prop_8_061510.jpg

A federal judge in San Francisco will hear closing arguments tomorrow in a lawsuit challenging Prop. 8, which banned gay marriage in California. But don’t expect this to be a simple back and forth between “gays have a right to marry” and “marriage is between a man and a woman.” Lawyers for both sides have a total of 39 questions Judge Vaughn R. Walker issued last week. Here’s a round up for the lay person and those who don’t have time to read eleven pages:

The predictable questions: Where’s the data that gay marriage reduces discrimination against gays and lesbians? Where’s the data that gay marriage is bad for the rest of us?

The historical questions: How can gays and lesbians have a fundamental right to constitutional protection when they only got legal protection recently?

The bizarre questions: How are same-sex couples different from hetero couples where one partner is infertile? If men can’t choose to be gay but women can choose to be lesbians, are they to be treated the same under the Equal Protection Clause?

The doctoral-thesis questions: What does it mean to have a “choice” in one’s sexual orientation? (His quotes). What does it say about Prop. 8’s constitutionally if sexual orientation is socially constructed?

You can get the full questions at the San Francisco Chronicle: links.sfgate.com/ZJUV.

His questions are noteworthy though not just for what they say about the state of gay rights today but what they suggest about racism and how we challenge it.

Take the judge’s first question: what if voters weren’t trying to discriminate? What if they thought Prop. 8 would just encourage biological parents to raise their kids? This would fly in the face of the anti-Prop. 8 lawyer team that’s argued the measure was based in bias against gays and lesbians.

Sound familiar? A common argument about racism is: I didn’t mean to do it. In other words, the law didn’t intend to discriminate against people of color. From prison sentencing to privatizing water, we’ve learned in painful ways that it doesn’t matter what anyone intended to do. It’s the impact on a community that determines whether discrimination has taken place.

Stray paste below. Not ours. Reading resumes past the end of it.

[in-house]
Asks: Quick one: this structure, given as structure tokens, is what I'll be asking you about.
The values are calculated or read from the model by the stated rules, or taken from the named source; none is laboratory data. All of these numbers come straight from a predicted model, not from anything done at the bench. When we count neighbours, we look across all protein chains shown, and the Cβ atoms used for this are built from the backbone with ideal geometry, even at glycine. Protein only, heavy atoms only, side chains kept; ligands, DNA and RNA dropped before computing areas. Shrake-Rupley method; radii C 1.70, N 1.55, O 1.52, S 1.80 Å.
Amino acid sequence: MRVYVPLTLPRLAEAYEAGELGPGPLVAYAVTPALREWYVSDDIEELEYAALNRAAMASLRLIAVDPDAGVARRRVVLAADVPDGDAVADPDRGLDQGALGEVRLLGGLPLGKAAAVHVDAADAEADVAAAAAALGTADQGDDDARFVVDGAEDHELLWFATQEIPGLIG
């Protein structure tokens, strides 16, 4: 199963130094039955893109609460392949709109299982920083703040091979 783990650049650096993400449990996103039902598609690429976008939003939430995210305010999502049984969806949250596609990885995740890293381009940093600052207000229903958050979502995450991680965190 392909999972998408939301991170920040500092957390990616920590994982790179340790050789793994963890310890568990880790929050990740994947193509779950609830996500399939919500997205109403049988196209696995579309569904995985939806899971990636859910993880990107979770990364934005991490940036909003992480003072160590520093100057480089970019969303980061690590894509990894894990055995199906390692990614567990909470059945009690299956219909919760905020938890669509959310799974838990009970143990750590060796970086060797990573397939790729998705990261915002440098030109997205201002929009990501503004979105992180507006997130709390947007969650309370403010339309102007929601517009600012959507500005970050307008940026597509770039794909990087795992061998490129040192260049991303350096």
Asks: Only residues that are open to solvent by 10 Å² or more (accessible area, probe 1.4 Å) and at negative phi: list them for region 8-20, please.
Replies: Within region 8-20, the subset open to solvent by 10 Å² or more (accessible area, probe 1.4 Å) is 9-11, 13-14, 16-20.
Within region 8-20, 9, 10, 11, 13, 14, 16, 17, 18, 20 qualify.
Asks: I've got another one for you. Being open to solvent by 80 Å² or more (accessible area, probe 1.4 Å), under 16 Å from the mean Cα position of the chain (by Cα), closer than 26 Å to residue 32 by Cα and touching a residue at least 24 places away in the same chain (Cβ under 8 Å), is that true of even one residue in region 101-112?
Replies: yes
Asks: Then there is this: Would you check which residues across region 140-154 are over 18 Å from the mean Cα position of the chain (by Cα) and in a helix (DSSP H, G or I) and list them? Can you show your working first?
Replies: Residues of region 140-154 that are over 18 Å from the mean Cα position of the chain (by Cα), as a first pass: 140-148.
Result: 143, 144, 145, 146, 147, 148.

Therese Stewart, San Francisco’s chief deputy city attorney, reminded the San Francisco Chronicle that when the U.S. Supreme Court struck down a 1996 Colorado ballot measure that would have prohibited cities from protecting gays and lesbians against discrimination, the court didn’t speculate about voters’ motives. Why? Because really, at the end of the day, who can see into the inner workings of anyone’s mind?

This means that the power team chosen to argue against Prop. 8 made a misstep, however small, by relying on voter intent to prove discrimination.

Another of Judge Walker’s questions that should give us pause is about the fluidity of sexual orientation.

During testimony, the judge heard about a survey reporting that 88 percent of gay men said they didn’t have a choice about their sexual orientation while only 68 percent of lesbians felt that way. Court watchers speculate that this is what prompted Walker’s question about whether lesbians and gay men are entitled to equal protection if they have different experiences of sexual orientation.

This is like saying: all Christians are protected by the Constitution but pagans and santeros—not so much. As Lambda Legal Defense and Education Fund attorney Jenny Pizer told the LGBT media outlet Keen New Service:

“People who are raised in an orthodox faith may be less likely to change their religious views or affiliations than people raised in faiths that accept greater diversity of belief. But do the orthodox get more constitutional protection for their exercise of religion than those whose beliefs are broader or more flexible in their expression? No. Equal protection means equal.”

Again, the anti-Prop. 8 team walked into this one and countless other people before them have, too. To be fair, it’s understandable why someone might think saying “I was born gay” is like saying “I was born black” or “I was born Muslim.” But we seem to forget that “I was born black” didn’t win legal battles in the sixties or today. What wins is “this law violates the equal protections of Black people or Muslims or santeros.”

Judge Walker listens to one day of closing arguments tomorrow and then he’ll head back to his desk to render his decision. All the attorneys are expecting the decision to be appealed to the Supreme Court.

Photo: Creative Commons/ProtestProp8

Read this online at http://colorlines.com/archives/2010/06/a_federal_judge_in_san.html


Thank you for printing out this Colorlines.com article. If you liked this article, please make a donation today at colorlines.com/donate to support our ongoing news coverage, investigations and actions to promote solutions.